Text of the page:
The boom days are over for Chromebooks. Instead, demand for the Google-powered laptops has dropped off a cliff, according to research firm IDC.
The plummeting shipments prompted IDC analyst Ryan Reith to tweet: “Chromebook shipments crashed!” In total, vendors only shipped 5.1 million units in Q1, down from 13.1 million from the previous year. HP saw the biggest dive in shipments.
The numbers represent a huge reversal from 2020 when Google Chromebooks saw record growth due to the COVID-19 pandemic, which caused schools to buy up the affordable laptops in droves for virtual learning. However, demand for Chromebooks began to dry up in the middle of last year after both schools and governments blew out their budgets trying to supply computers for remote learning and work.
On Friday, IDC noted the market for Chromebooks remains saturated in mature markets such as the US. The only growth for the Google-powered laptops has been occurring in the Asia-Pacific region, where several large investments in digital education are being made.
“The decline in Chromebooks doesn’t come as a surprise given the buildup of inventory due to reduced demand over the past several quarters,” said IDC analyst Jitesh Ubrani. “Barring any major shifts in supply, we do anticipate the inventory to clear out with the help of promotional activity over the course of the coming months and new shipments will start to pick up as the educational buying cycle begins to ramp up again.”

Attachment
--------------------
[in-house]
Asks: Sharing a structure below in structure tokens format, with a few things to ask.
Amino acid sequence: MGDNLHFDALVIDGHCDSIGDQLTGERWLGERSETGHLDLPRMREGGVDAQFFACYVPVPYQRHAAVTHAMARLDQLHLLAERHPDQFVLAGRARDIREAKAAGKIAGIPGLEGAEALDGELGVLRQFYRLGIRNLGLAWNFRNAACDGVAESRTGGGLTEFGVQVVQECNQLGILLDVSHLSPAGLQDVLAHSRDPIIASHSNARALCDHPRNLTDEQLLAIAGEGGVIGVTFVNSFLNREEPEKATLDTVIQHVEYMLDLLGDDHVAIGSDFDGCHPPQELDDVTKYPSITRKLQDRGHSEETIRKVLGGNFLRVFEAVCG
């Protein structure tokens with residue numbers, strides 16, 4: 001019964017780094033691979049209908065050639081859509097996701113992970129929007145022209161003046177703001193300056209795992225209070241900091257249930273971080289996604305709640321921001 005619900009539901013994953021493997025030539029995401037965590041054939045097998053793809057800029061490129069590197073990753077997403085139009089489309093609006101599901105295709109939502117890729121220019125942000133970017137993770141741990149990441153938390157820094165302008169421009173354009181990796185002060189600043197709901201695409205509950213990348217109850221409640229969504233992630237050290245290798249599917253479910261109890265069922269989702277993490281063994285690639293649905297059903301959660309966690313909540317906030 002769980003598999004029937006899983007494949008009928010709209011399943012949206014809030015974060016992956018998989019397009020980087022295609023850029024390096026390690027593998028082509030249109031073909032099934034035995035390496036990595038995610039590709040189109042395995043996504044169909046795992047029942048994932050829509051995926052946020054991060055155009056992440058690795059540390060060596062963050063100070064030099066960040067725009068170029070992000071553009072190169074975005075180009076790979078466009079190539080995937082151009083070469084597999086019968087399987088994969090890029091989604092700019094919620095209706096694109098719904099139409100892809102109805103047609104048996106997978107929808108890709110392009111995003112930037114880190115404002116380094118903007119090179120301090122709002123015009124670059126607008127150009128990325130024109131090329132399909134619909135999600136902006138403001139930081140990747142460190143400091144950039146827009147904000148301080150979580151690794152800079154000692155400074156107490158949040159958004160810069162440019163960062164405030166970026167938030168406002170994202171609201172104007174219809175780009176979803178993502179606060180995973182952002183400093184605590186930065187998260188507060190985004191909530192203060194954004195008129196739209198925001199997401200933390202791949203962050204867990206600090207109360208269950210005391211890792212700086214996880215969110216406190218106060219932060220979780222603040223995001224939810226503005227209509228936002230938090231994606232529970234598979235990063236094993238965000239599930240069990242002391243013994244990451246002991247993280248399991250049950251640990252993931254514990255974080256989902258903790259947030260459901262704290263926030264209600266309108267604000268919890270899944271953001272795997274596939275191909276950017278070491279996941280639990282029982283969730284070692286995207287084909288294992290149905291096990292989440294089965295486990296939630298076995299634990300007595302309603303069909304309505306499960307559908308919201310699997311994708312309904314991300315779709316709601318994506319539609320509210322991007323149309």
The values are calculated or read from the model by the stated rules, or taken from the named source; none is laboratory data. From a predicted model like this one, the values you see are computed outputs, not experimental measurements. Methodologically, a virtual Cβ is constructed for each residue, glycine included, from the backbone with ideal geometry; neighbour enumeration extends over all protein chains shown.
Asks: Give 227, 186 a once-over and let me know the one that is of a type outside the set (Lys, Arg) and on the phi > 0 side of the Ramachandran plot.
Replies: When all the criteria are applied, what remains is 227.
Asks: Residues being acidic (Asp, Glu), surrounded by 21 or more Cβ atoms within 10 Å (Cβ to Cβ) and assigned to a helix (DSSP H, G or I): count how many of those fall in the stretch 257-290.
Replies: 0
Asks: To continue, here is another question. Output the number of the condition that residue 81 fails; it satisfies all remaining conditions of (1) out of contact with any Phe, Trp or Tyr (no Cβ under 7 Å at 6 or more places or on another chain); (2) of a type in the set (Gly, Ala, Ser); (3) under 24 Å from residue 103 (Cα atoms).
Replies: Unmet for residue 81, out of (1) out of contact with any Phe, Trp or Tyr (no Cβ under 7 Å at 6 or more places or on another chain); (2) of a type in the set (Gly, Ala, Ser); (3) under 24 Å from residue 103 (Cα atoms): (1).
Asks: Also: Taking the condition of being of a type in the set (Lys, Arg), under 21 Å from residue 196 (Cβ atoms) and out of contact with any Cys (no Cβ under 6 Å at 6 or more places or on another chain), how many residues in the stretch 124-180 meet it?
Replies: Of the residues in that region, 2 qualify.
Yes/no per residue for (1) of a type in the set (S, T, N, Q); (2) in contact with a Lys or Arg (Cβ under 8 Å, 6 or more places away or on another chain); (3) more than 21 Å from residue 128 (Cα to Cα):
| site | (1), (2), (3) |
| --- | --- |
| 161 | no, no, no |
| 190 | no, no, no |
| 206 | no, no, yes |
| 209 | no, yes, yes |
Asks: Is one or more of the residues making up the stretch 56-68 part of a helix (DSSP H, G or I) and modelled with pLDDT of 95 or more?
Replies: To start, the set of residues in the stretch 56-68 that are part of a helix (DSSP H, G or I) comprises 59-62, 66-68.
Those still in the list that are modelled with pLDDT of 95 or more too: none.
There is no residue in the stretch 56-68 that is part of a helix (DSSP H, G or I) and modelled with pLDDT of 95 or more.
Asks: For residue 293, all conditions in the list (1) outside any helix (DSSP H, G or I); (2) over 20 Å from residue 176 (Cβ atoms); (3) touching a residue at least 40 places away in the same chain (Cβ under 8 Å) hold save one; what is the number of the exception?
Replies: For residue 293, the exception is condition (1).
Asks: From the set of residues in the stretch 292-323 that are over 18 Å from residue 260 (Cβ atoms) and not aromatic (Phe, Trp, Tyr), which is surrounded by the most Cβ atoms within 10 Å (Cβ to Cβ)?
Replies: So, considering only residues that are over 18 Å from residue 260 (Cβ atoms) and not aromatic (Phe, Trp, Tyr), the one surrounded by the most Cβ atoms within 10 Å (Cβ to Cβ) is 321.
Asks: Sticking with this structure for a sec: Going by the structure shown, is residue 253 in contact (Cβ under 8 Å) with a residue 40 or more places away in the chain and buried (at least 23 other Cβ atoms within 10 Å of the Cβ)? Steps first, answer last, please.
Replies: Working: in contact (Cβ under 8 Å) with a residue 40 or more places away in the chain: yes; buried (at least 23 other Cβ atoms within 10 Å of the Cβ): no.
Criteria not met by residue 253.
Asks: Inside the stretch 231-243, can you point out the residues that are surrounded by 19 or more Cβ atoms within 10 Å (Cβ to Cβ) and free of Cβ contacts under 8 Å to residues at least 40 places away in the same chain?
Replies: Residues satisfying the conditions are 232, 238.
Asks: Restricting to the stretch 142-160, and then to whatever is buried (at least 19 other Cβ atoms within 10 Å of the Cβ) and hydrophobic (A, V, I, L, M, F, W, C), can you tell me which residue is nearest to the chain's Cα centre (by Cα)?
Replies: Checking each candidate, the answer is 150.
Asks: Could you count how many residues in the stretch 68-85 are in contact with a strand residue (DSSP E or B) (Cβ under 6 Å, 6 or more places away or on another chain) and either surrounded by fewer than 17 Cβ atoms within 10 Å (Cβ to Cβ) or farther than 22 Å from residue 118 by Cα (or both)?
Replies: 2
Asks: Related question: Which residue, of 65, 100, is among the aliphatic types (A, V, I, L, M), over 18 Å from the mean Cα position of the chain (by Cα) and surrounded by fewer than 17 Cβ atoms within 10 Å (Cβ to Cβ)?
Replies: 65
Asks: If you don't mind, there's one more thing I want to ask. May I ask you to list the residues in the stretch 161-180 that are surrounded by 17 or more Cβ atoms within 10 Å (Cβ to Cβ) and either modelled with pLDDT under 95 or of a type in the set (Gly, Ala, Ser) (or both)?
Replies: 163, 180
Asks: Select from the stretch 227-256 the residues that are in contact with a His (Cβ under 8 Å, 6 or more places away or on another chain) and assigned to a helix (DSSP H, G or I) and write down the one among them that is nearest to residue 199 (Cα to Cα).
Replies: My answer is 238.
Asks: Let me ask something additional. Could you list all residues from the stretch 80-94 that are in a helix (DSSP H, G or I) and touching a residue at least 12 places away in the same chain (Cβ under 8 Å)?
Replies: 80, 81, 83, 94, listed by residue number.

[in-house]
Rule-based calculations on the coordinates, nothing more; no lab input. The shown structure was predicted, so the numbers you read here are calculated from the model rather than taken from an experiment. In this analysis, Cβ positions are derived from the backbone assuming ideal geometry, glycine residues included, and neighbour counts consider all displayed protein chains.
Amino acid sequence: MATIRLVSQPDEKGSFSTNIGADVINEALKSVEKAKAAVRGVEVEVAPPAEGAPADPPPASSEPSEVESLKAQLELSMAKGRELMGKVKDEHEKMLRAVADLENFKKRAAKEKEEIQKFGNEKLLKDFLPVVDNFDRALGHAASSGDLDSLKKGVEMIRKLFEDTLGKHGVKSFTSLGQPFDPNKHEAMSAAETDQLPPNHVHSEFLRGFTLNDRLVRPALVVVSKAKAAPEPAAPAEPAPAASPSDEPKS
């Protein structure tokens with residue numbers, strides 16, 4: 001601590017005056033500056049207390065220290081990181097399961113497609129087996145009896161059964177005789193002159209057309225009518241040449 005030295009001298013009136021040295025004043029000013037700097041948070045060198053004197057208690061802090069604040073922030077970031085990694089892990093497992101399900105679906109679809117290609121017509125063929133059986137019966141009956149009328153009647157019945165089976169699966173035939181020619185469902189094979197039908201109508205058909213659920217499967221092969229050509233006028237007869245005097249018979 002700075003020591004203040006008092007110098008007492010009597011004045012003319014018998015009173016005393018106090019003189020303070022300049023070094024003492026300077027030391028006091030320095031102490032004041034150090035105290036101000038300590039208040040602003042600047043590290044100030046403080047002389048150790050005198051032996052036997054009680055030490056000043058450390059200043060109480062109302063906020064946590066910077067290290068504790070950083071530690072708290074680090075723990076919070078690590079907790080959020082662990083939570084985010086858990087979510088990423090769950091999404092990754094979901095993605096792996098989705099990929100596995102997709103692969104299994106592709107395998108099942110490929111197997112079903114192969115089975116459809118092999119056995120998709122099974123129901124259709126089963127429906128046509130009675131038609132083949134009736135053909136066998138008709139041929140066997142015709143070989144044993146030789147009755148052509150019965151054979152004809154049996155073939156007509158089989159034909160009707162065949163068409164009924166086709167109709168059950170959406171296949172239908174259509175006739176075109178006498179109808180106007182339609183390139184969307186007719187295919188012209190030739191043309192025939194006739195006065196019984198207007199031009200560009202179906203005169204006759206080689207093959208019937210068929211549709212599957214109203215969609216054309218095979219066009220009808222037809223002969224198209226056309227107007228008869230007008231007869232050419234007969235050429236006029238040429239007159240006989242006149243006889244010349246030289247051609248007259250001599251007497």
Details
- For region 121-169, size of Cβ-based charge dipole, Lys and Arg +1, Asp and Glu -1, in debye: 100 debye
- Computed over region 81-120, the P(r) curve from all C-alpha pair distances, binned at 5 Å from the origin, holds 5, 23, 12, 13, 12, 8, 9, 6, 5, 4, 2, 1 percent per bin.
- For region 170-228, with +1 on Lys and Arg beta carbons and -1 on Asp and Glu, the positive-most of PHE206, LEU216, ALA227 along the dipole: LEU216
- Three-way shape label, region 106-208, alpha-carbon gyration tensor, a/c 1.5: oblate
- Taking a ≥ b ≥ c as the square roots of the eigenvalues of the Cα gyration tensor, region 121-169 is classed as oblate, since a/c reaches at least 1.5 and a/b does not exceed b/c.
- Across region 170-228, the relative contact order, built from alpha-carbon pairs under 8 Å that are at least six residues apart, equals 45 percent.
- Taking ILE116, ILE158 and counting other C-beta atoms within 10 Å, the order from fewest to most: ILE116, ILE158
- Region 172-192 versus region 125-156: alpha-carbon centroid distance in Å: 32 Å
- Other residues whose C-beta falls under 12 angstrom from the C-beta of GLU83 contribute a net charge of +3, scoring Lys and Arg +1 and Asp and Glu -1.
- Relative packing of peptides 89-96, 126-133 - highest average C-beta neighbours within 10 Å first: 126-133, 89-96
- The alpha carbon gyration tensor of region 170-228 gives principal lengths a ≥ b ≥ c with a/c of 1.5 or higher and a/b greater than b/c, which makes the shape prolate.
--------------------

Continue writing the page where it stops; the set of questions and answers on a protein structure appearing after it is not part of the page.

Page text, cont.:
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Reith added that PC vendors are also focused on shipping Windows 11 PCs, citing “on-going supply chain shortages and logistical cost increases.” Because Chromebooks are so affordable, PC vendors generally make little profit from them. Windows laptops can fetch $1,000 to $2,000 or more, making them far more lucrative, especially as the industry faces inflationary pressures.
Still, if you’re in the market for a Chromebook, IDC suggests that vendors will try to discount the products to help clear out inventory. So perhaps, you can find some good deals.
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